Following the domestication of plants and animals, the basic way of life of Andean peoples changed. Villages sprang up as people settled in a single location to be near their fields and pastures. Houses became more permanent and larger, perhaps as a result of the demands of expanding families. In the highlands, following the shift to an agricultural way of life the basic patterns of exploiting the puna, quechua, and yunga zones developed.

Along the coast, people began to use the abundant resources of the Pacific Ocean at a very early date. Around 2500 B.C.E., toward the end of the Preceramic Period, there was an increase in the number of settlements located right along the coastline and an associated increase in the use of marine resources. Farming appeared at about the same time, and it is important to note that two of the earliest domesticated plants to appear on the coast were cotton and gourd, both non-edible. These two plants gained importance through their use in the fishing industry. Cotton was used for making fishing lines and nets, and gourds were used as floats for the nets. The fields where these plants were cultivated must have been located in the valley floodplains, which provided the only sources of water for farming.

A new pattern of life may have been established along the coast during this time. Part of the population of a river valley would live along the coast, where they fished, collected shellfish, and gathered seaweed and other marine resources. Another part of the population would live along the rivers, growing gourds, cotton, beans, and squash. The two populations would exchange products. This reflects the first division of labor among coastal communities, which was to become much more elaborate in later periods.

One final development of the Preceramic Period was the beginning of the large-scale public buildings. Until about 3000 B.C.E., all constructions in Andean communities were houses or other small structures for ritual or social events. However, between 3000 and 1800 B.C.E., several very large structures were built at villages both in the highlands and on the coast. These structures are interpreted as having had some kind of ceremonial purposes, rather than being the homes of individuals. They were much larger than the houses of typical families, rising as much as 10 m (33 feet) above the surrounding landscape. Their size reflects a considerable amount of coordinated labor, suggesting not only that these societies were much larger than previous ones but also that leaders were in charge. Thus not only do we see evidence of the first division of labor during this time, but we also infer the emergence of some sort of leaders or rulers.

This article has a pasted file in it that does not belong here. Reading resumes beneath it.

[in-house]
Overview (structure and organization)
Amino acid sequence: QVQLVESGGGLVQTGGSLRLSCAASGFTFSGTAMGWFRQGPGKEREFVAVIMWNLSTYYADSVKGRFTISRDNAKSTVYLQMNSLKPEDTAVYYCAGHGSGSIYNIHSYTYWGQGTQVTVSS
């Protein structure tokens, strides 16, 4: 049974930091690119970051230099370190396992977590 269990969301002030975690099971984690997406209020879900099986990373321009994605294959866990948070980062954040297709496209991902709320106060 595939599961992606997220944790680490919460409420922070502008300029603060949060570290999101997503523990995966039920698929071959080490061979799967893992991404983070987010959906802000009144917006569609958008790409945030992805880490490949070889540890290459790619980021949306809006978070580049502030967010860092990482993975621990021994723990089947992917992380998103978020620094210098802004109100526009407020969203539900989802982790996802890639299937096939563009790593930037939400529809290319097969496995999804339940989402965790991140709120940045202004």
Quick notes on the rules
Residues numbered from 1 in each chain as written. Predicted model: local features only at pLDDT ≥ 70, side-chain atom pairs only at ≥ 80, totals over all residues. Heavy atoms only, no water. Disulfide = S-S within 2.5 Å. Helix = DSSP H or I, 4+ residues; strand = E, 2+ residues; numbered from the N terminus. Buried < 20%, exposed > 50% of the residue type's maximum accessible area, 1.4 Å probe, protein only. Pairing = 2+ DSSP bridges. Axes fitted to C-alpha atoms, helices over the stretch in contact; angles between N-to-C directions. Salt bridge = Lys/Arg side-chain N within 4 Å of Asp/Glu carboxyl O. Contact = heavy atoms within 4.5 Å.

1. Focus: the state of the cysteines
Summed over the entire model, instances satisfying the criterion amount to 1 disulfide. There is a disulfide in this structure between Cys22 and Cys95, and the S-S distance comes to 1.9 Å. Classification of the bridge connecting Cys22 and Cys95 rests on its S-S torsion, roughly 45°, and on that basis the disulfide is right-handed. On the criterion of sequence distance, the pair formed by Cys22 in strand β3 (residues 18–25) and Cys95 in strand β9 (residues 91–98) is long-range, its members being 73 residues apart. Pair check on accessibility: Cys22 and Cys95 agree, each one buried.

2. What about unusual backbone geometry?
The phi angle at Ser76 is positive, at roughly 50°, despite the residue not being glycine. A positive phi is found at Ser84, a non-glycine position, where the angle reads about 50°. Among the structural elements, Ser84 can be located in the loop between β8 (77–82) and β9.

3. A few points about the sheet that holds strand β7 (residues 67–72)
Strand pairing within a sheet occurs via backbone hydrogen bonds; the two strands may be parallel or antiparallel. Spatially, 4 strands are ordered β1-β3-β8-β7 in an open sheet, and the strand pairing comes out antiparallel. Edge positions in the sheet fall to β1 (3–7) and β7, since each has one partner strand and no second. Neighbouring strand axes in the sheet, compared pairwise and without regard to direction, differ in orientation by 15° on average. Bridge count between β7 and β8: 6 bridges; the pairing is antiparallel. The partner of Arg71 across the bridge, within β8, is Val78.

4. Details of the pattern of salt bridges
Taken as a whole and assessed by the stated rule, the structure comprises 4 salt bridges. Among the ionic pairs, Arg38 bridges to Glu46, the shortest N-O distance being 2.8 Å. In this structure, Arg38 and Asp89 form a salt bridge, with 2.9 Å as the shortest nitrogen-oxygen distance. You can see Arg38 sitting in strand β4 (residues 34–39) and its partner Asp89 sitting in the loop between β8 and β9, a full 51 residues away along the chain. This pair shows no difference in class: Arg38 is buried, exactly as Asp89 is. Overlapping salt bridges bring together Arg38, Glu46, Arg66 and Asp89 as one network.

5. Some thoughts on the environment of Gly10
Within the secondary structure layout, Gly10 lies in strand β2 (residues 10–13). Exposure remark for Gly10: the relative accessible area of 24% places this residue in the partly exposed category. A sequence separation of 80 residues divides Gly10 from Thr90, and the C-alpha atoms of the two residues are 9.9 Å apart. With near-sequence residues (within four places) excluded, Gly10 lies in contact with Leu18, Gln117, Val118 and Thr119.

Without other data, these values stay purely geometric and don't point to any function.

Several sites along the coast show evidence of these cultural developments, from the area around modern Lima to the vicinity of Trujillo. Two examples are Salinas de Chao, in the Chao valley of northern Peru, and El Paraiso, in the Chillon Valley of central Peru. Salinas de Chao was a settlement occupied around a bay that has since dried up. A very large pyramid mound was constructed, which was probably used for ceremonies. A small distance away was an area of housing clustered against a hillside. In front of the houses were two sunken circular pits, which also might have had ceremonial uses. Two different kinds of ceremonial constructions – mound and sunken pit – suggest different kinds of ceremonies, perhaps to distinct gods. Such evidence suggests that even at this early date the inhabitants had a rich religious life.

El Paraiso is located near the mouth of the Chillon River, outside of modern Lima. It is a set of nine large mounds of rubble, resulting from the decomposition of a series of rooms and corridors. Over 100,000 tons of stone were quarried to build the site, indicating that a large amount of labor went into its construction. The rooms were built by piling up mesh bags of stone. One complex of rooms has been reconstructed and indicates the enormous size of the original undertaking: the complex is 50 m (165 feet) on a side, and 8 m (26 feet) high. And this is one of the smaller complexes at the site! The size of the site and the amount of labor involved indicate that a large group of people was responsible for its construction, and it is likely that there were individuals in charge of the activities. Some have even suggested that people from both farming and fishing communities over a large area contributed labor. The use of mesh bags of stone for construction suggests that there might have been some standard amount of stone that different groups had to contribute to the building activity. This indicates planning, most likely by the authorities in charge. The use of mesh bags for building is known from other contemporary sites such as Aspero, located in the Supe valley north of El Paraiso.

Similar developments were occurring in the highlands to the east of the coast. Temple mounds appeared during this time at the site of Kotosh, near modern Huanuco, and at La Galgada, a remote site on a tributary of the Santa River in northern Peru. These temples are generally smaller than those found along the coast, suggesting that the groups who constructed them were smaller.

An interesting feature common to both Kotosh and La Galgada is the use of small rooms with central hearths, or fireplaces, where offerings were burned. The hearths had a ventilation shaft that ran under the floor to the outside of the room. The shaft brought air to the fire, allowing it to burn. This distinctive way of building a ceremonial room suggests that the rituals conducted within them were the same at both sites; hence we can infer that the religious beliefs were the same as well. The common religion is called the Kotosh Religious Tradition. This religious tradition has recently been found at costal sites, suggesting it may have been even more widespread than previously thought. Indeed, evidence indicates that people were communicating and sharing religious ideas over a large area.

The source of this article is Daily Life in the Inca Empire by Michael A. Malpass.